The complaint, filed Thursday on behalf of all women employed by Google in California over the last four years, provided the most detailed formal accounts to date of gender discrimination and pay disparities at the company after months of criticisms and a growing chorus of women publicly speaking out.

Allegations of possible employment violations emerge at court hearing as part of lawsuit to compel company, a federal contractor, to provide compensation data

“We’ve been talking about these issues for a long time, and it hasn’t really changed,” Kelly Ellis, a former Google employee and a lead plaintiff on the case, told the Guardian in her first interview about the suit. “There’s been a lot of PR and lip service, but … this is going to be one of the only ways to get these companies to change how they hire and compensate women.”

Any effort to hold the Monster of Mountain View accountable for its bad business practices is an effort we support. For a company with a motto of “do no evil”, Google sure does a lot of evil things.

11
Sep

Google releases new version of Chrome that incorporates a technology called “WebUSB”

USB, or Universal Series Bus, is already a technology that has a lot of security problems. Now Google is rushing to put into its increasingly dominant web browser (Chrome) a technology that allows websites to interface with USB devices via Javascript, which has to be one of the worst ideas they’ve ever come up with:

Google has wrapped up coding the desktop version of Chrome 61, and will be rolling it out for Windows, Mac and Linux “over the coming days/weeks”.

Chrome 61 extends the visibility of USB-connected devices to Web apps. First proposed last year, WebUSB was pitched as an easier way to set up USB devices, since (for example) a vendor’s site could use the API to push a config to a newly-connected gadget.

The feature’s focus, Google says, is on specialist devices that don’t have a standard way to advertise their capabilities. Keyboards or mice are easy, but as is explained in the specification, USB-connected educational devices (say, microscopes) or 3D printers aren’t conveniently accessible.

There’s also the vexed question of USB device updates: the Chrome devs explain WebUSB could let manufacturers update a device by getting users to visit the page and give permission to the update [What could possibly go wrong? – Reg].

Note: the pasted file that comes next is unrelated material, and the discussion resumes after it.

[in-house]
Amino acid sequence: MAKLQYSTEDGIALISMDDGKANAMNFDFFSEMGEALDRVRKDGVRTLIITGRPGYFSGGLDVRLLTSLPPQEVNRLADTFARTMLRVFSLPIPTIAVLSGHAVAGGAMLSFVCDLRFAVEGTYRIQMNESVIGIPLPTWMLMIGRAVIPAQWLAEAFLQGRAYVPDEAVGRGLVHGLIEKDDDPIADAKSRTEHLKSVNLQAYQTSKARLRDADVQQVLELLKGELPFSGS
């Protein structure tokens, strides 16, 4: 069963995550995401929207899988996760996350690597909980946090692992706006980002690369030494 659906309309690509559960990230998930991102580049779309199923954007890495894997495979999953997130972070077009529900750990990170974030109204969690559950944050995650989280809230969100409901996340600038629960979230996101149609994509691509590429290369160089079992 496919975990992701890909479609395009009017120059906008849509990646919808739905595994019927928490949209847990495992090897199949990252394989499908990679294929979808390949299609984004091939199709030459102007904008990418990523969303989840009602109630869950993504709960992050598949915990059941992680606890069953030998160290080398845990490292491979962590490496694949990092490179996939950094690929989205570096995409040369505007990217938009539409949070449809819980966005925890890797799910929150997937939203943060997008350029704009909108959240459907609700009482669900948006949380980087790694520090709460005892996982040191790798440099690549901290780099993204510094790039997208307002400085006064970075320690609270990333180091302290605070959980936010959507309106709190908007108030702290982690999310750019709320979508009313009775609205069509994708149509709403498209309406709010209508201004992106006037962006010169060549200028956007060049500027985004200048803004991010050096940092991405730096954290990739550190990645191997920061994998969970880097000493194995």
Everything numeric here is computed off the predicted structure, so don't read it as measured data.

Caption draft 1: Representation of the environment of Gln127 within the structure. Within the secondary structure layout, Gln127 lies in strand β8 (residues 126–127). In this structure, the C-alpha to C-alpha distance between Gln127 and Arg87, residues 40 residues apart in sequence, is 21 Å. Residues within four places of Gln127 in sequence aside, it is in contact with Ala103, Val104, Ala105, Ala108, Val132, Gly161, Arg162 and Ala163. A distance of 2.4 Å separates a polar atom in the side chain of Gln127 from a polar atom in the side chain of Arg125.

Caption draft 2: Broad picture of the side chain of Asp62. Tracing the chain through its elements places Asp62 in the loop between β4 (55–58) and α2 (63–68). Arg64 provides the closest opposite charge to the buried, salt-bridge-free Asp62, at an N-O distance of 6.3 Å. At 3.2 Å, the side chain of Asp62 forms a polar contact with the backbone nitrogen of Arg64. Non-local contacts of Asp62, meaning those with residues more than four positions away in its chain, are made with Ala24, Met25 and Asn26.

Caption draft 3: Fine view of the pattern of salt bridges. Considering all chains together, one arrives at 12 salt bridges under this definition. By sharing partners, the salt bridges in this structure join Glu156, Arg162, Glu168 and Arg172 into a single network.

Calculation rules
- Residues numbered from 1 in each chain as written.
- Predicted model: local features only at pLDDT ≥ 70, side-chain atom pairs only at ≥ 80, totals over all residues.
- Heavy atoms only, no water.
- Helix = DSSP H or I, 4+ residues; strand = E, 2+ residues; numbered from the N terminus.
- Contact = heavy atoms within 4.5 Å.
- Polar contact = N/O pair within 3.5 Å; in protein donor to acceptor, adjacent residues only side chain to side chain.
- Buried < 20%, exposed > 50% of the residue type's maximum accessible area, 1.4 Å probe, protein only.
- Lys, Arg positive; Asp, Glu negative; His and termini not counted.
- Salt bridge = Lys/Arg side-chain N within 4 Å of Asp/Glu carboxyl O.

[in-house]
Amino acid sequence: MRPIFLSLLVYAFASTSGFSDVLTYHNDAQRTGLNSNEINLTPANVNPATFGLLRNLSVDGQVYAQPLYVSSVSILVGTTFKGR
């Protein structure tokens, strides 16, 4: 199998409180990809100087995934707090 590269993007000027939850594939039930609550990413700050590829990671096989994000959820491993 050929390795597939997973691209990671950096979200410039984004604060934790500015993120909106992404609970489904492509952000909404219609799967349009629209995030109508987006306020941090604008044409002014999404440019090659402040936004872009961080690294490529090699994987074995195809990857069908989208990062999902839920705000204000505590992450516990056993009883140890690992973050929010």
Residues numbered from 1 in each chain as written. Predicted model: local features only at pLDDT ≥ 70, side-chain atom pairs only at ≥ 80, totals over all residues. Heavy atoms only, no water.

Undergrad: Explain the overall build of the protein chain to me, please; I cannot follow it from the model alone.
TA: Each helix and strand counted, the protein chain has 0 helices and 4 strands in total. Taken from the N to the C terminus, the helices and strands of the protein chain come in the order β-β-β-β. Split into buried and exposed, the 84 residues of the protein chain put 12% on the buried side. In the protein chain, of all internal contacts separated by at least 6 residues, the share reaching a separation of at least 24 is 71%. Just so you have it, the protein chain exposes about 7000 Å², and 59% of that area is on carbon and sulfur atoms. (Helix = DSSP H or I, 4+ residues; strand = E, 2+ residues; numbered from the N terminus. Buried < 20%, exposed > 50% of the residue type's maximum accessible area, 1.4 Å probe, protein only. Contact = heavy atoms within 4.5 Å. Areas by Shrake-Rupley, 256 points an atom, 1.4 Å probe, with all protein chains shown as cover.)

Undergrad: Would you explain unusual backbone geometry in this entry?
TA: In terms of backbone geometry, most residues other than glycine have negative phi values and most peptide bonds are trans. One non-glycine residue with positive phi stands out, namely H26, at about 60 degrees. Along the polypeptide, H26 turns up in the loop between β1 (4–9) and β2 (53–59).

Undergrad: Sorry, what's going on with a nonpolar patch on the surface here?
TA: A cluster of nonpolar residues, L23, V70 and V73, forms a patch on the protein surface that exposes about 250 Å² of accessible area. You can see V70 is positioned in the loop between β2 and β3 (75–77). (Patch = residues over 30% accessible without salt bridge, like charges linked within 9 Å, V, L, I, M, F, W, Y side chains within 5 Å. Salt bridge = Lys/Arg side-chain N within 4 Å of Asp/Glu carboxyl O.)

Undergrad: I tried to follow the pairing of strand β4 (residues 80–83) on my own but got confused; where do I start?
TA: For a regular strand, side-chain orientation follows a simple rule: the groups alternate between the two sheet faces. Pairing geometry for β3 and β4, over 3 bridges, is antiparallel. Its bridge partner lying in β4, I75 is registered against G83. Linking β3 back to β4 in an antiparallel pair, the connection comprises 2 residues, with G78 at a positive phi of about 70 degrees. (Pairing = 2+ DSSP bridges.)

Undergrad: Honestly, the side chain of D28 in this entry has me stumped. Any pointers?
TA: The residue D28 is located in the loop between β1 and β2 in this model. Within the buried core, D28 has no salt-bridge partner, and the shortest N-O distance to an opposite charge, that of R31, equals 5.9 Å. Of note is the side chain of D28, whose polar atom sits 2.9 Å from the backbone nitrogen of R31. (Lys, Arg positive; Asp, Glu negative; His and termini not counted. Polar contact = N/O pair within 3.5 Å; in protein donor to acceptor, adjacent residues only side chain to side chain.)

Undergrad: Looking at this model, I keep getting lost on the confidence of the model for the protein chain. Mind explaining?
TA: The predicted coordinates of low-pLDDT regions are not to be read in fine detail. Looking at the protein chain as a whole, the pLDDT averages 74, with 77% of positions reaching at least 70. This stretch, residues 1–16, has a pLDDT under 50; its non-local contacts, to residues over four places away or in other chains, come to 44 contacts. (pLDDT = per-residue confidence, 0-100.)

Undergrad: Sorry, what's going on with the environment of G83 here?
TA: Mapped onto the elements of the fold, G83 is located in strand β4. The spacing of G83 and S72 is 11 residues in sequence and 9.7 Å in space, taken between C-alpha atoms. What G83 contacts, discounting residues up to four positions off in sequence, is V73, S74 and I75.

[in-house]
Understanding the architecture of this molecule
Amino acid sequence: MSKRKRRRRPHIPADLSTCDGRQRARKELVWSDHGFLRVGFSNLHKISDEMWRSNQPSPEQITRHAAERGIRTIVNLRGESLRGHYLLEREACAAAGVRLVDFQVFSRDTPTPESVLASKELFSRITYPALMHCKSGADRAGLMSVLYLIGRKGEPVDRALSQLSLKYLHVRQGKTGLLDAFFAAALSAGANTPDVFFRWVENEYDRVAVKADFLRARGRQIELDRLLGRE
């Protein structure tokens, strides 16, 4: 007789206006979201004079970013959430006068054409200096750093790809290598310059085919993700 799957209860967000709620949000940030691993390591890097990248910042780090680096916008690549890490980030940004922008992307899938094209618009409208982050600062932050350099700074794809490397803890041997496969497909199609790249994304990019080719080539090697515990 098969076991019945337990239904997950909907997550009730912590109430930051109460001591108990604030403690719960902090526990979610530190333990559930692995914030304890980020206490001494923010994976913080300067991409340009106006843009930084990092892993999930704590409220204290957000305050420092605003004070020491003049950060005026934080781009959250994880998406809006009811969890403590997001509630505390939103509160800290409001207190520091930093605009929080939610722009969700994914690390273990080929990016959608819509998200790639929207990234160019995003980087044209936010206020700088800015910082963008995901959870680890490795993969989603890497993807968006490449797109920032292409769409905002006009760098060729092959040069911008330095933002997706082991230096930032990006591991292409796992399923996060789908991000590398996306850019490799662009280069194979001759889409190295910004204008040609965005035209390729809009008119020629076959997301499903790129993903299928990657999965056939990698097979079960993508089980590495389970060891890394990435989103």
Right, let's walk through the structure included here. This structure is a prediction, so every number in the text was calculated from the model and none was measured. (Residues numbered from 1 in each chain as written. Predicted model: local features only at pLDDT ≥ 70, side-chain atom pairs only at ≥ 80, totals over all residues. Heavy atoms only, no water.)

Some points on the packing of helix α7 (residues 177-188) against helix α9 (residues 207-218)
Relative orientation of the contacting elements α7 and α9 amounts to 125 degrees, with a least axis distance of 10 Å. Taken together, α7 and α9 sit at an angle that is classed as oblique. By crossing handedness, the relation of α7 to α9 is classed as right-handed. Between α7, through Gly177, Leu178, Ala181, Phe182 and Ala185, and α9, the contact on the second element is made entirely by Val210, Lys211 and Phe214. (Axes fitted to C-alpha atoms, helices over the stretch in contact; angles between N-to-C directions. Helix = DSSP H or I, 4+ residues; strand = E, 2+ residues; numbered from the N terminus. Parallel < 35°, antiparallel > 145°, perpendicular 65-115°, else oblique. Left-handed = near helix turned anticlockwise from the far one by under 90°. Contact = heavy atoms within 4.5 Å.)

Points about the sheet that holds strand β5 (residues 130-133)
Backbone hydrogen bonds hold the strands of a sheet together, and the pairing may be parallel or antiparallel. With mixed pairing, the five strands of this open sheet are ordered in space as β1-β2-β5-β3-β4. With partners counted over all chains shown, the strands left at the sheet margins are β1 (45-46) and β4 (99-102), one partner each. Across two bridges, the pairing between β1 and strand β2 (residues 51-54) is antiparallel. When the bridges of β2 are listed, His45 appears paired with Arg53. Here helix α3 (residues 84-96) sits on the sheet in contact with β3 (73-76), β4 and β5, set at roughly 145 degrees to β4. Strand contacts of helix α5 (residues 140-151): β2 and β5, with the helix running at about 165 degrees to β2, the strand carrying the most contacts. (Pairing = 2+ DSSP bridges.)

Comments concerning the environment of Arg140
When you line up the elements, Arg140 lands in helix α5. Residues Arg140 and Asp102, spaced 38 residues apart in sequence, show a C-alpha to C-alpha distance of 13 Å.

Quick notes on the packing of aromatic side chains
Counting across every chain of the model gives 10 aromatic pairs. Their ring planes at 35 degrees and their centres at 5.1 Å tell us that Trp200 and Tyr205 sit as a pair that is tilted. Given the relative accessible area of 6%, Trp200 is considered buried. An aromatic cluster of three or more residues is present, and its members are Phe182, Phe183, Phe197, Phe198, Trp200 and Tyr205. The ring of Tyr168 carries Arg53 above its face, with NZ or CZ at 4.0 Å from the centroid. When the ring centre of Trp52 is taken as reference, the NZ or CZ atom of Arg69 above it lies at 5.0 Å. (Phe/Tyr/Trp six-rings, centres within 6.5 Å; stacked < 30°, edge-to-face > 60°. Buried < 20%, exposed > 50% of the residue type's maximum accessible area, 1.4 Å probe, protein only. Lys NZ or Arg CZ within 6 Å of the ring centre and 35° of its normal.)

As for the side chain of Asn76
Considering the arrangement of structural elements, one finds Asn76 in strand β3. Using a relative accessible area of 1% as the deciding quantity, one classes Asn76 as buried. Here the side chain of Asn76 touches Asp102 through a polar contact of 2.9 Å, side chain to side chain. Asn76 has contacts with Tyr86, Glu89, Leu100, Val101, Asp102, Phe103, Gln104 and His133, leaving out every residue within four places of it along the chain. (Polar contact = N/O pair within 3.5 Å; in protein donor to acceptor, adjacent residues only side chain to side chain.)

What could possibly go wrong, indeed! That wasn’t just the reaction of the folks at The Register; it was also the reaction of a commenter at Phoronix, who also wisely said No thanks, Google.

We’ve learned over the past few years that everything connected to the internet tends to be less secure. Therefore, it follows that a device can be made more secure if it’s not connected to the internet. Perhaps we should strive to minimize how many devices can be connected directly to the internet by emphasizing localized control and asking ourselves, “Do we really need internet-controlled light-bulbs?”

This may not be to Google’s advantage, as it won’t be able to obtain as much data from non-internet-connected devices, but it may be to the benefit of the internet at large. Some devices may actually work better and be more useful when connected to the internet, but the majority of the “Internet of Things” probably doesn’t actually need an internet connection, especially if those devices can be controlled locally, either through a physical push of a button or through local networks such as Bluetooth, NFC, Thread, or other P2P mesh networking technologies. The latter could bring much of the same convenience of controlling a smart device from an app, without the downside of allowing someone from the other side of the world to connect to it as well.

Well said. Putting WebUSB in Chrome was a mistake. Then again, using Chrome is a mistake. LGB recommends Firefox instead, or one of its derivatives, like Waterfox or Pale Moon.